Fluoride Action Network



The prevalence of fluorosis of the permanent teeth has increased during the past few decades in the United States and Canada. However, primarytooth fluorosis has been largely overlooked, because it is often difficult to recognize. This article describes primarytooth fluorosis, both as characterized in the literature and as seen clinically.


The authors review and summarize previous studies of primarytooth fluorosis and discuss its etiology. In addition, the authors describe the condition, based on findings from the literature, and their own experiences in characterizing it as part of a longitudinal investigation of fluoride exposures, dental fluorosis and dental caries.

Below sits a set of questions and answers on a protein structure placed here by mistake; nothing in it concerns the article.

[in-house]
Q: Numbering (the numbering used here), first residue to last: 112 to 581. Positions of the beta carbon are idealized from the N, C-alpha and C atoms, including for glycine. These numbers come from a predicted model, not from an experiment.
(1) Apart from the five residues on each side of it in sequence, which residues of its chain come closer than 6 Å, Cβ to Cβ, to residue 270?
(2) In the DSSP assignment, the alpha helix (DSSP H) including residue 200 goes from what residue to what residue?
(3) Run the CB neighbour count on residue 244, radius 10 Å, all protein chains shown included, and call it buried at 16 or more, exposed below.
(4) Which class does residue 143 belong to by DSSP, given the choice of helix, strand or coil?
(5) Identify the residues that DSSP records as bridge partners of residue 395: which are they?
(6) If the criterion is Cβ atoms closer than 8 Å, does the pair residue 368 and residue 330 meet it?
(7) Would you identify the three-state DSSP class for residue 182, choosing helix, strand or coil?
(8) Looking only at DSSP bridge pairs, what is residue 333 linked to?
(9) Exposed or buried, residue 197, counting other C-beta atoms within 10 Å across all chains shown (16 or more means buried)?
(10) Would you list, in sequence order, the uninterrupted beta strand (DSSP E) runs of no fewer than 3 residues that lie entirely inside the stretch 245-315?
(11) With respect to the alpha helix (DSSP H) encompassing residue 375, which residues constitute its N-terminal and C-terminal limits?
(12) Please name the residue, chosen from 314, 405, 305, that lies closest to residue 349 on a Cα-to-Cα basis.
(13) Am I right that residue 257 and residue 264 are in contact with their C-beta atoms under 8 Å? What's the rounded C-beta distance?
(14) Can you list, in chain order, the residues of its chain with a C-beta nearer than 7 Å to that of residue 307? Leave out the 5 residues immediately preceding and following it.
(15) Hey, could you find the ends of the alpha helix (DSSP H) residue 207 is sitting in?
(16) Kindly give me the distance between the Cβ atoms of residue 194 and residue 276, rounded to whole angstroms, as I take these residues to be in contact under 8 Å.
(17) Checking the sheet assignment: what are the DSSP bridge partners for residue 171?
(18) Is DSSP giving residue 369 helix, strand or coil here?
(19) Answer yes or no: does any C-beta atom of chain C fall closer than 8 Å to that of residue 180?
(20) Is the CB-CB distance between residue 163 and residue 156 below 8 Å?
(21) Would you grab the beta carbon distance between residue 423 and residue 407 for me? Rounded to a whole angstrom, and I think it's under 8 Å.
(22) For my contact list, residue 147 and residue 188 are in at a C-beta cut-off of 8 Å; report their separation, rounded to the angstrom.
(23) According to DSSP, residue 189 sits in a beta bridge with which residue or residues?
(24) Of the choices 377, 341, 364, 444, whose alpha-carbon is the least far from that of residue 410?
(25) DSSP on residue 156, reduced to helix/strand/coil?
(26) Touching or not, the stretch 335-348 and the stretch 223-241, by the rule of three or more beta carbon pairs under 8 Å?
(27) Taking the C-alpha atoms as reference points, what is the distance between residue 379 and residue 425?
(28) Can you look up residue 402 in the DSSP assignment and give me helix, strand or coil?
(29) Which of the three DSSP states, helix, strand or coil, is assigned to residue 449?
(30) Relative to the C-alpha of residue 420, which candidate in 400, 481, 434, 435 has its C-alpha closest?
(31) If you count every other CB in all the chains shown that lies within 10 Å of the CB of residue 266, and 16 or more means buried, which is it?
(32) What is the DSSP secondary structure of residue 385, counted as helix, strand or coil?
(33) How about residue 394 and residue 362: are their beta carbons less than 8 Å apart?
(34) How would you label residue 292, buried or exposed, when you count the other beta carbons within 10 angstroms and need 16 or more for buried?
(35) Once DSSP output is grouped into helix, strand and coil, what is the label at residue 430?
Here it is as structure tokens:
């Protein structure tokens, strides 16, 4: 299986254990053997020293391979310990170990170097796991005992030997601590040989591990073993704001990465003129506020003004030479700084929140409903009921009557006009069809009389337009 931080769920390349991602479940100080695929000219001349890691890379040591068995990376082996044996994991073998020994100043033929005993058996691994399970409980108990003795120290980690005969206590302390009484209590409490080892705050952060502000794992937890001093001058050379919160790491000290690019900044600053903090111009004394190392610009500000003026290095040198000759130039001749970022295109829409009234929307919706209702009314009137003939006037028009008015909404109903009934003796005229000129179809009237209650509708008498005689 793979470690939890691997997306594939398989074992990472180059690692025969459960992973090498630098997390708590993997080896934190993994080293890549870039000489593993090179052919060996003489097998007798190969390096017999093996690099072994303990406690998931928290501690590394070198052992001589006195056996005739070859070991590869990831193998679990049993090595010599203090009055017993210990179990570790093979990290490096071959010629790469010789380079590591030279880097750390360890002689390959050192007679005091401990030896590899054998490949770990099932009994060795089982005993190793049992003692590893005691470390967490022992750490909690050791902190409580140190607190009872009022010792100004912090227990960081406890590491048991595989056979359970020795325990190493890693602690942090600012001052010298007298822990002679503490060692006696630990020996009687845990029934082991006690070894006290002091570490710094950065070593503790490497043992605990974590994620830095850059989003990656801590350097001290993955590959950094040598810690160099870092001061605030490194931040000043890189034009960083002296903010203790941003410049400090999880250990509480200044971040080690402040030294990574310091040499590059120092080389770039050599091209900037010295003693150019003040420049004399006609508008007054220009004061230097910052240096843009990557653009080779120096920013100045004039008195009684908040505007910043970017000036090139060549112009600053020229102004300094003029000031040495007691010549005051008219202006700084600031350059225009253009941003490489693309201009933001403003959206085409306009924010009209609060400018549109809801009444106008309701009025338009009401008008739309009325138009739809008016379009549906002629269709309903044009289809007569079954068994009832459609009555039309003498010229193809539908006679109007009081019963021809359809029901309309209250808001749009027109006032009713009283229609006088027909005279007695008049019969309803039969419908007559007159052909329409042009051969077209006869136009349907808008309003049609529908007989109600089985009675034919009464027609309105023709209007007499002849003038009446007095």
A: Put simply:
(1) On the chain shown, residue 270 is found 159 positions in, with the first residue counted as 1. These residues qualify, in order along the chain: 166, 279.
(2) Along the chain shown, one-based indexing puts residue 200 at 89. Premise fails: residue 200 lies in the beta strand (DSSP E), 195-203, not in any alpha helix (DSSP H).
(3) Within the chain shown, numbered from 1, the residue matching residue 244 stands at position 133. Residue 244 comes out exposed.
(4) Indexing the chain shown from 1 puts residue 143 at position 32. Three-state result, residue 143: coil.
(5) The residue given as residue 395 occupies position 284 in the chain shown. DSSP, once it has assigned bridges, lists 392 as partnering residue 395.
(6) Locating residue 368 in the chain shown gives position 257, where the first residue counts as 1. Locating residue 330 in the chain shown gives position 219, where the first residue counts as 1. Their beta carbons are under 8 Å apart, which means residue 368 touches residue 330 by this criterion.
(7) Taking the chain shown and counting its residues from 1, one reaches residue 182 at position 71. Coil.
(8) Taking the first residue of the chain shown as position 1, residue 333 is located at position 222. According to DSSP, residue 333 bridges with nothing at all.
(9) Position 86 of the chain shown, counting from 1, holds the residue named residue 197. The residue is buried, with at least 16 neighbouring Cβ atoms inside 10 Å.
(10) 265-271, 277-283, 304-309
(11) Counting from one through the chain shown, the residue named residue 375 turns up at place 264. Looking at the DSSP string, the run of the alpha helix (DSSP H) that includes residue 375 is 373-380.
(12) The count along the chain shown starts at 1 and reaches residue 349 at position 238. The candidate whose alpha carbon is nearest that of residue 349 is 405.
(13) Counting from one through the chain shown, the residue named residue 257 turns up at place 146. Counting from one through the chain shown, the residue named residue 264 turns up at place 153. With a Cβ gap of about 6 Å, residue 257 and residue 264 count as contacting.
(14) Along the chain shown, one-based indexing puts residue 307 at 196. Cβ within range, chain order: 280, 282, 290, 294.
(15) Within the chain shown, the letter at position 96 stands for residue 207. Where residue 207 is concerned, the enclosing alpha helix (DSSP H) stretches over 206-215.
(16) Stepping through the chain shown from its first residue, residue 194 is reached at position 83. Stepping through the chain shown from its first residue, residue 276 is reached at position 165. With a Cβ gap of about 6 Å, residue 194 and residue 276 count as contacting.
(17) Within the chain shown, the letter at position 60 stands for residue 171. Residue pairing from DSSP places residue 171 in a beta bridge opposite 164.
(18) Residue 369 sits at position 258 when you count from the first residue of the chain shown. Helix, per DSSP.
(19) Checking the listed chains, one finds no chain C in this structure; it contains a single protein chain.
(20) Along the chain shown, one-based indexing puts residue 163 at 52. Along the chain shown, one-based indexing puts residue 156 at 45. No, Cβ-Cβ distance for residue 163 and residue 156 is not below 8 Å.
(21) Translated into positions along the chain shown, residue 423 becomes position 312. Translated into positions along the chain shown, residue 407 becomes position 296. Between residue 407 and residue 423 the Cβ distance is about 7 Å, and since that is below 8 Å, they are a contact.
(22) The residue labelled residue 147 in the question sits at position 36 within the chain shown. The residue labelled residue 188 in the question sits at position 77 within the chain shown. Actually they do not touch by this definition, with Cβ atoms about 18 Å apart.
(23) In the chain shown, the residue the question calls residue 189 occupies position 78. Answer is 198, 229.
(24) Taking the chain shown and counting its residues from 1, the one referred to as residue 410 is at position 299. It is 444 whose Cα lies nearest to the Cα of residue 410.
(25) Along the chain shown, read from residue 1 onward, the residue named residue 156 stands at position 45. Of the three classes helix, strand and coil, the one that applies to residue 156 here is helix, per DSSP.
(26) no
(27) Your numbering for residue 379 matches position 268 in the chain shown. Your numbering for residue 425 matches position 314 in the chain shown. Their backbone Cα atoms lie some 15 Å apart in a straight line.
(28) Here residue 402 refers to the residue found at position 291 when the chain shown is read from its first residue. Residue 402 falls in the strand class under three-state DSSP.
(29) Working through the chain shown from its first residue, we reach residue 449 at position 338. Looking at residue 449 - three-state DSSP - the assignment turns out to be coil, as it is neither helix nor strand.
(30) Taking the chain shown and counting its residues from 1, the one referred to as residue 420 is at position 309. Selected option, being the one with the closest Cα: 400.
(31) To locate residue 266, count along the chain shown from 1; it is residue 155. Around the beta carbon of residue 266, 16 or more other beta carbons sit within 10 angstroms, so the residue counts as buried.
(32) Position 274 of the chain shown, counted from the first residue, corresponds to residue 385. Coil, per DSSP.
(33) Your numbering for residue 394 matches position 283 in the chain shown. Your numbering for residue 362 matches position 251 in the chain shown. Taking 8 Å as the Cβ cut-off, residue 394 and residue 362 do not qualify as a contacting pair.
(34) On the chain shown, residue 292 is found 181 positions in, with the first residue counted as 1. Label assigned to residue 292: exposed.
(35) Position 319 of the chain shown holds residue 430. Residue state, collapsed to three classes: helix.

Several studies indicate that primarytooth fluorosis can be prevalent and severe in areas of very high water fluoride concentrations. In these areas, primarytooth fluorosis is likely the result of both pre- and postnatal exposures. Studies have documented that primarytooth fluorosis does occur in areas with optimal or suboptimal water fluoride concentrations, and that in these settings primarytooth fluorosis is most likely caused by postnatal exposures and is seen most commonly in the primary molars. Primarytooth fluorosis, however, is often more difficult to identify than fluorosis in permanent teeth, and clinicians may be unfamiliar with its characteristics and may not recognize its somewhat subtle appearance.


Primarytooth fluorosis may be related to occurrence of fluorosis in the permanent dentition, so that its recognition by the clinician should raise awareness of possible increased risk for the permanent dentition.


The detection of primarytooth fluorosis in a young child should prompt the clinician to carefully review the child’s past fluoride exposures and current fluoride practices, as well as those of any younger siblings.

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